We’re big fans of handheld gadgets, and when you think of audio and video recorders, Zoom is of course one of the best brands out there. The Q models of their audio and video recorders have been huge hits in the market for quite some time now…we even saw a few of their audio models scattered among our top 10 best audio recorders. So what’s new here? The Q8 is a high-end device that records both audio and video. The sound quality is excellent at the standard 24-bit/96kHz but the video can record up to a whopping 1296p at 60fps. It’s compatible with most of their famous Zoom mic capsules and it can power up your XLR microphones with a selectable phantom power (-20dB pad). Those are just to name a few. The Zoom Q8 Video and Audio Recorder is a beast if you’re looking to create professional video and sound content. Let’s get into more detail.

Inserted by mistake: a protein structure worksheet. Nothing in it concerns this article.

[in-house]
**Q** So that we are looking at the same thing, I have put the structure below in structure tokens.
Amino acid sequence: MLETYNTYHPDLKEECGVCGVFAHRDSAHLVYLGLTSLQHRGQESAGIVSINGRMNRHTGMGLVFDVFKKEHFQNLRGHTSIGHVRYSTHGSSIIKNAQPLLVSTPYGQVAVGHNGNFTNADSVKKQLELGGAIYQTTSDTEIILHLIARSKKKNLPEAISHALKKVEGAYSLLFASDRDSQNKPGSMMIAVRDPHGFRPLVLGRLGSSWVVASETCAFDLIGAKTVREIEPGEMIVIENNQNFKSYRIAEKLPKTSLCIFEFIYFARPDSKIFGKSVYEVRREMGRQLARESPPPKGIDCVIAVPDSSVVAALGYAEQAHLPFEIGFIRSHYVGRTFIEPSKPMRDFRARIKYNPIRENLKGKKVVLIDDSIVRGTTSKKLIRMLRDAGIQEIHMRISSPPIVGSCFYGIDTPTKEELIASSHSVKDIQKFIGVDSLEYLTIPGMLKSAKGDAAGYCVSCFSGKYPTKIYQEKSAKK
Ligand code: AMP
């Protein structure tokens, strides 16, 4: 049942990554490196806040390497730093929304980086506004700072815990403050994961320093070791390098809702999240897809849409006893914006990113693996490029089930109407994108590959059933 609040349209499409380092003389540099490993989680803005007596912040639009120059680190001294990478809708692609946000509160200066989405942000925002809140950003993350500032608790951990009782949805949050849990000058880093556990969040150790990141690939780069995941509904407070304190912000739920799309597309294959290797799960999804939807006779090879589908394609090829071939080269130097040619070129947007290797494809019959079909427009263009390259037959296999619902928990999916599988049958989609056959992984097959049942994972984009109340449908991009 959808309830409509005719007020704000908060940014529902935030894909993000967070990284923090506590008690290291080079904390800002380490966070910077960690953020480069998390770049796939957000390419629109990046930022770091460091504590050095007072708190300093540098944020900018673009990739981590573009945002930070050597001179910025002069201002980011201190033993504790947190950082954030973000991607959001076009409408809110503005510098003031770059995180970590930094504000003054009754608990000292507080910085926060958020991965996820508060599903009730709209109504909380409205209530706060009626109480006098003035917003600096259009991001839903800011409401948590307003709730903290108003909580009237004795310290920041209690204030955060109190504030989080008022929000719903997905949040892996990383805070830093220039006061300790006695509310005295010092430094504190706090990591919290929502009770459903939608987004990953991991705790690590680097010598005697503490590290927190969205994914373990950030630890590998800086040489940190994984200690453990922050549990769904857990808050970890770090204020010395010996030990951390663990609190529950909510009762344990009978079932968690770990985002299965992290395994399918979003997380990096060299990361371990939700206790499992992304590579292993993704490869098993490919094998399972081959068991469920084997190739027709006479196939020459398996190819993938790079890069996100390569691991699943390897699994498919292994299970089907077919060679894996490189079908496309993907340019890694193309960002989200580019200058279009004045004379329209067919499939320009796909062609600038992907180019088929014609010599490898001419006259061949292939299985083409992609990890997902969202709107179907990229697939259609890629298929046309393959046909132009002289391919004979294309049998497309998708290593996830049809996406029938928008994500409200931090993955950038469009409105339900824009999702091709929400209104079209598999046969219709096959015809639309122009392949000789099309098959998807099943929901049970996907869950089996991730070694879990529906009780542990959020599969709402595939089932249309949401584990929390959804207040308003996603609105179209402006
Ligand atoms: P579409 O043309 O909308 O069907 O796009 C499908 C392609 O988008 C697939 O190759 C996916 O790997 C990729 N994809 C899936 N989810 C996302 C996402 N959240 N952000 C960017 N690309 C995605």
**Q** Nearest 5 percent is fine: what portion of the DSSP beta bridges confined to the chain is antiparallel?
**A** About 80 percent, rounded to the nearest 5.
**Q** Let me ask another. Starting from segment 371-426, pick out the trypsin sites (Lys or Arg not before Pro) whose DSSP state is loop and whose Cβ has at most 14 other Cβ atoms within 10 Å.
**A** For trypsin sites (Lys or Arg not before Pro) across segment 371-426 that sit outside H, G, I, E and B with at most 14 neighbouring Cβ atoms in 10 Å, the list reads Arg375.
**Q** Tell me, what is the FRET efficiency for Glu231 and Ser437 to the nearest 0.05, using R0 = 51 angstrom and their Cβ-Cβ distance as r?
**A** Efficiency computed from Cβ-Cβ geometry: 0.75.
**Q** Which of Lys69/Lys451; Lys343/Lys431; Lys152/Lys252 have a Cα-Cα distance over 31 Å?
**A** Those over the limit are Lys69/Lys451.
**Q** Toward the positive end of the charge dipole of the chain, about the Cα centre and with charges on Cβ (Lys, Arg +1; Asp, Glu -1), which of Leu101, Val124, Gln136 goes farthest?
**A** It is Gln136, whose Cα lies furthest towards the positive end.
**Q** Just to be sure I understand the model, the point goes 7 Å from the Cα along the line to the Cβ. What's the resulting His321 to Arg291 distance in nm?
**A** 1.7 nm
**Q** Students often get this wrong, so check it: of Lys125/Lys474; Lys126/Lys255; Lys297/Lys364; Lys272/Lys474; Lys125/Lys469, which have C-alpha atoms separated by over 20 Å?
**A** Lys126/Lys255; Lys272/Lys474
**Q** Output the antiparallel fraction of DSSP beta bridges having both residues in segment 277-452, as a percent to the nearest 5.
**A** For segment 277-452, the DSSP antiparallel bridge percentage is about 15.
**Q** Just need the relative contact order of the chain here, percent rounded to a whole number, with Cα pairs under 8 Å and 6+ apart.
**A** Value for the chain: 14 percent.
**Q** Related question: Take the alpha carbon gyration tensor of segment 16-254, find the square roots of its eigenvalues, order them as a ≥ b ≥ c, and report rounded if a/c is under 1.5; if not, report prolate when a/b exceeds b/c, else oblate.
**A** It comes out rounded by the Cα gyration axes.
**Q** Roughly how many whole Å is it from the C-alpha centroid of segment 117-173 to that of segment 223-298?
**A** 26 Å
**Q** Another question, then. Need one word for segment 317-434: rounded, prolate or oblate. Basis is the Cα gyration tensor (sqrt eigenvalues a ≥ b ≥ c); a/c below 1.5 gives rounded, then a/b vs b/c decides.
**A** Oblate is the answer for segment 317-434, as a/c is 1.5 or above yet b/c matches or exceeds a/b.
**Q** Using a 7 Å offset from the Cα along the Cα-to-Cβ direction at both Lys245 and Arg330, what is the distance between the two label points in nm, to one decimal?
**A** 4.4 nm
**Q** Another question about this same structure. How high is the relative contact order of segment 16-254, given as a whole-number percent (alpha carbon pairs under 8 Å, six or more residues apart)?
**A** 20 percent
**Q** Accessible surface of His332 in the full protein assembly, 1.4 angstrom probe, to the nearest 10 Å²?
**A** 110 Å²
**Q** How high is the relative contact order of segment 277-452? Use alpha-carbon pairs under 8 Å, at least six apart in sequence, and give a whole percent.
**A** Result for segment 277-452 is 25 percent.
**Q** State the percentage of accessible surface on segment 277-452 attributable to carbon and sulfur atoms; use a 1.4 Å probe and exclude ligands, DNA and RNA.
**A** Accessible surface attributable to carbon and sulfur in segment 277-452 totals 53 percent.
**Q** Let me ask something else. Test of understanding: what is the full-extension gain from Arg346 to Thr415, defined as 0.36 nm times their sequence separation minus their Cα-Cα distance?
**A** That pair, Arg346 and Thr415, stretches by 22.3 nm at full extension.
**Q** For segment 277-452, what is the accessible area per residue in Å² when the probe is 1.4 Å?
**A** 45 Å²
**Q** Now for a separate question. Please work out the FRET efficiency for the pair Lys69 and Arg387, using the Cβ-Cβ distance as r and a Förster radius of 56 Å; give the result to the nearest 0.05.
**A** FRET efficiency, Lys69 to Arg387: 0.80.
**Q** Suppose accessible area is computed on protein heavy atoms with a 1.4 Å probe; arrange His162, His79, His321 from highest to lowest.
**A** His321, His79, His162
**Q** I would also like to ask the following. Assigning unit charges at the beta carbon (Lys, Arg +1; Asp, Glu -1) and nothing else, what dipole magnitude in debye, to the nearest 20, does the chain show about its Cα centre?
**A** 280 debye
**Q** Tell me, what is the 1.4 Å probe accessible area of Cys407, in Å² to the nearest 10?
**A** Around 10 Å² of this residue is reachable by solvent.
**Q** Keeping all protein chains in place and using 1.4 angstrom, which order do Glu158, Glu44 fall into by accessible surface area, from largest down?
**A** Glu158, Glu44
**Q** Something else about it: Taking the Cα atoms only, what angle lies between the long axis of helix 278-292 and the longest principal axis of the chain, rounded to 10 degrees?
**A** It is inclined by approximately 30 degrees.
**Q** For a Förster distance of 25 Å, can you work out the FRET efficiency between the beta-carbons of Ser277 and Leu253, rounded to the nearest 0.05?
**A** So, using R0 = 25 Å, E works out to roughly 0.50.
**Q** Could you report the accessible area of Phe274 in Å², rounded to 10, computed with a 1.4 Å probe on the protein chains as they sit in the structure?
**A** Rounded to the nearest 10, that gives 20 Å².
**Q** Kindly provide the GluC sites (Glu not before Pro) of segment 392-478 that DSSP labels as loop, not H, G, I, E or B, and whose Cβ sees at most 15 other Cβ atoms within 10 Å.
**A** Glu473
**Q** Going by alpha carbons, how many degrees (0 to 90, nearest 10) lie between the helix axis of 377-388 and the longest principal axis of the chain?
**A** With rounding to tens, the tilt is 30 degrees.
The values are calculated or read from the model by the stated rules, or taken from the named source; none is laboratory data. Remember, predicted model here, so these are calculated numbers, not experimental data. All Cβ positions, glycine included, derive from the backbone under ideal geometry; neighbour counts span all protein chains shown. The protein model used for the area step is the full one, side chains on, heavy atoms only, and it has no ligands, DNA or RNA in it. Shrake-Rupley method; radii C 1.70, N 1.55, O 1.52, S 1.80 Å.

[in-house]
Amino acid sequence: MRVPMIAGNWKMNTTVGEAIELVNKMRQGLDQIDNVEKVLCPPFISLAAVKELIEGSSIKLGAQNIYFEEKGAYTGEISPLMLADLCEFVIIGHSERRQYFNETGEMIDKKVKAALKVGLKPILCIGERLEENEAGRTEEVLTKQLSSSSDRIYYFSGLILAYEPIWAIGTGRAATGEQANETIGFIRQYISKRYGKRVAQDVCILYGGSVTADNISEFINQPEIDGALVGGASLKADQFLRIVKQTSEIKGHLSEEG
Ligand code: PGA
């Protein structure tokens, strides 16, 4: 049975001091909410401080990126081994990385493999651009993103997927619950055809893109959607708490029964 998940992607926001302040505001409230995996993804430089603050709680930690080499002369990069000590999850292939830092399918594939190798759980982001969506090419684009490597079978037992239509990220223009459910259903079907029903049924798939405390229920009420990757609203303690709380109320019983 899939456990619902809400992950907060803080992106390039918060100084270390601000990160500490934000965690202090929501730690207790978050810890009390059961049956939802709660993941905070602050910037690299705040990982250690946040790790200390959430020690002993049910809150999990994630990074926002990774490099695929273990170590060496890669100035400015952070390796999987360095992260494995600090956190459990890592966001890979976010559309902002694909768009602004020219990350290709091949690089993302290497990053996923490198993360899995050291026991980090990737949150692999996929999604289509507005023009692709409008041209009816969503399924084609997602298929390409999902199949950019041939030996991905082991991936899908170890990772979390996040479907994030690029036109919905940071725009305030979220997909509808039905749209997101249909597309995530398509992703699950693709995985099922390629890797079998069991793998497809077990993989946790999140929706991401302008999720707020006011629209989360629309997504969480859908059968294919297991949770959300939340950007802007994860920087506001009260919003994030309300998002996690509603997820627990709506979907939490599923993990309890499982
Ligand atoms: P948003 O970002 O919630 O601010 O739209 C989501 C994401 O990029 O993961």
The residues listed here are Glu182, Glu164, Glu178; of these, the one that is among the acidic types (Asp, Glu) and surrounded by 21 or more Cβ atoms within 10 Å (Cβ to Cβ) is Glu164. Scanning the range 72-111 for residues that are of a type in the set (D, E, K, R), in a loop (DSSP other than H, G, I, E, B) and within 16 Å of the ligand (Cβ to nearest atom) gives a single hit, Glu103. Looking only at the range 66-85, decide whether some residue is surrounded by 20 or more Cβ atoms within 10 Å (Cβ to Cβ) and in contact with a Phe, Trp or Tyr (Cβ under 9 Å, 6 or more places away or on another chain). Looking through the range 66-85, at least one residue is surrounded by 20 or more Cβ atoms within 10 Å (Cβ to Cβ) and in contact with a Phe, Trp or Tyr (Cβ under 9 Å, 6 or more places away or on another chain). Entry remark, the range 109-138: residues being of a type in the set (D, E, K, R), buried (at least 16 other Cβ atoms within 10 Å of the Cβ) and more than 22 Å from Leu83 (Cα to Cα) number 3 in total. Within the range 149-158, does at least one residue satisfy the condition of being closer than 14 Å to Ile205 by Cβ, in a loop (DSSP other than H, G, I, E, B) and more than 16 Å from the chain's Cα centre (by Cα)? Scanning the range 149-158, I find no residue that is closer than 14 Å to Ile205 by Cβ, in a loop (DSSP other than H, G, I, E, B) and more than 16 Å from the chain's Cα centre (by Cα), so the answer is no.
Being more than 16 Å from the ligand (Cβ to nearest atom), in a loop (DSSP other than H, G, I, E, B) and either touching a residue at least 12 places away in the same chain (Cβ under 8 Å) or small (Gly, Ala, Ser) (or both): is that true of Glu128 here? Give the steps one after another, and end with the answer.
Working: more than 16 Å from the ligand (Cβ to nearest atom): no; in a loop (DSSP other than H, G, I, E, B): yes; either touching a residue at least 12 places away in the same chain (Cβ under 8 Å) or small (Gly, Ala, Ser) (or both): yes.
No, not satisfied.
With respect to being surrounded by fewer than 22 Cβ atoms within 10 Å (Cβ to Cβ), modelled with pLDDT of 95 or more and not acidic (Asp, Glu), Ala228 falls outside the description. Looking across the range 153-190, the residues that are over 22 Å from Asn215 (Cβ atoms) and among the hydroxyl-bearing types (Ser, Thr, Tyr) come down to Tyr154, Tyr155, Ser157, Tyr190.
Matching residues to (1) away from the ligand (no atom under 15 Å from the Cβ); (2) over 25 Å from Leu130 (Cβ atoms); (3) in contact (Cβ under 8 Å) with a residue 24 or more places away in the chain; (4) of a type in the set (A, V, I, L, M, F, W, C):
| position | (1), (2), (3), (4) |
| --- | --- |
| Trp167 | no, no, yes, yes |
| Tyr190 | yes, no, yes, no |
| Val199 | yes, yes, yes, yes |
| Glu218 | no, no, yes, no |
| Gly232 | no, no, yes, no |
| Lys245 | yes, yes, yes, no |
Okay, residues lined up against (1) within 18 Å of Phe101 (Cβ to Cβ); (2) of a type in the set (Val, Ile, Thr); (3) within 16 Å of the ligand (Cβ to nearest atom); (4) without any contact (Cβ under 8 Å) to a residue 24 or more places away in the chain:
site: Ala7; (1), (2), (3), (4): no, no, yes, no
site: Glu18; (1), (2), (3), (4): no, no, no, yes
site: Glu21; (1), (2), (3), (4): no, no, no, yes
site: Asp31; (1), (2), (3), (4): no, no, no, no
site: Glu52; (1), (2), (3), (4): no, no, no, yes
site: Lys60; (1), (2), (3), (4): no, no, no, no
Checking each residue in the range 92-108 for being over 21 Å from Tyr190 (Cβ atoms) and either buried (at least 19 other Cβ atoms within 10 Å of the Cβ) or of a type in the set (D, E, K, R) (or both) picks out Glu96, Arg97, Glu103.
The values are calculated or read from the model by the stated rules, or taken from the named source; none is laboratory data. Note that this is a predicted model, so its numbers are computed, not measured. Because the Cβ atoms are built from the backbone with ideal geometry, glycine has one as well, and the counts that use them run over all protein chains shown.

Main features of the Zoom Q8 recorder
- Supports SD/SDHC/SDXC
- 2.7″ full-color LCD display (touchscreen)
- 160-degree wide-angle lens
- Detachable XY stereo mic
- Combo XLR\TRS inputs
- Phantom power and -20dB pad
- USB 2.0 data transfer
- Built-in speaker and tripod mount
- Digital zoom
- Self-timer option
- Records video in MOV format and audio in AAC\WAV
- Four tracks available
- Headphone output\line out
- HDMI video output to connect to TV’s
- Direct monitoring for USB mic function
- Rechargeable Li-Ion battery (or you can charge via USB)
Design and features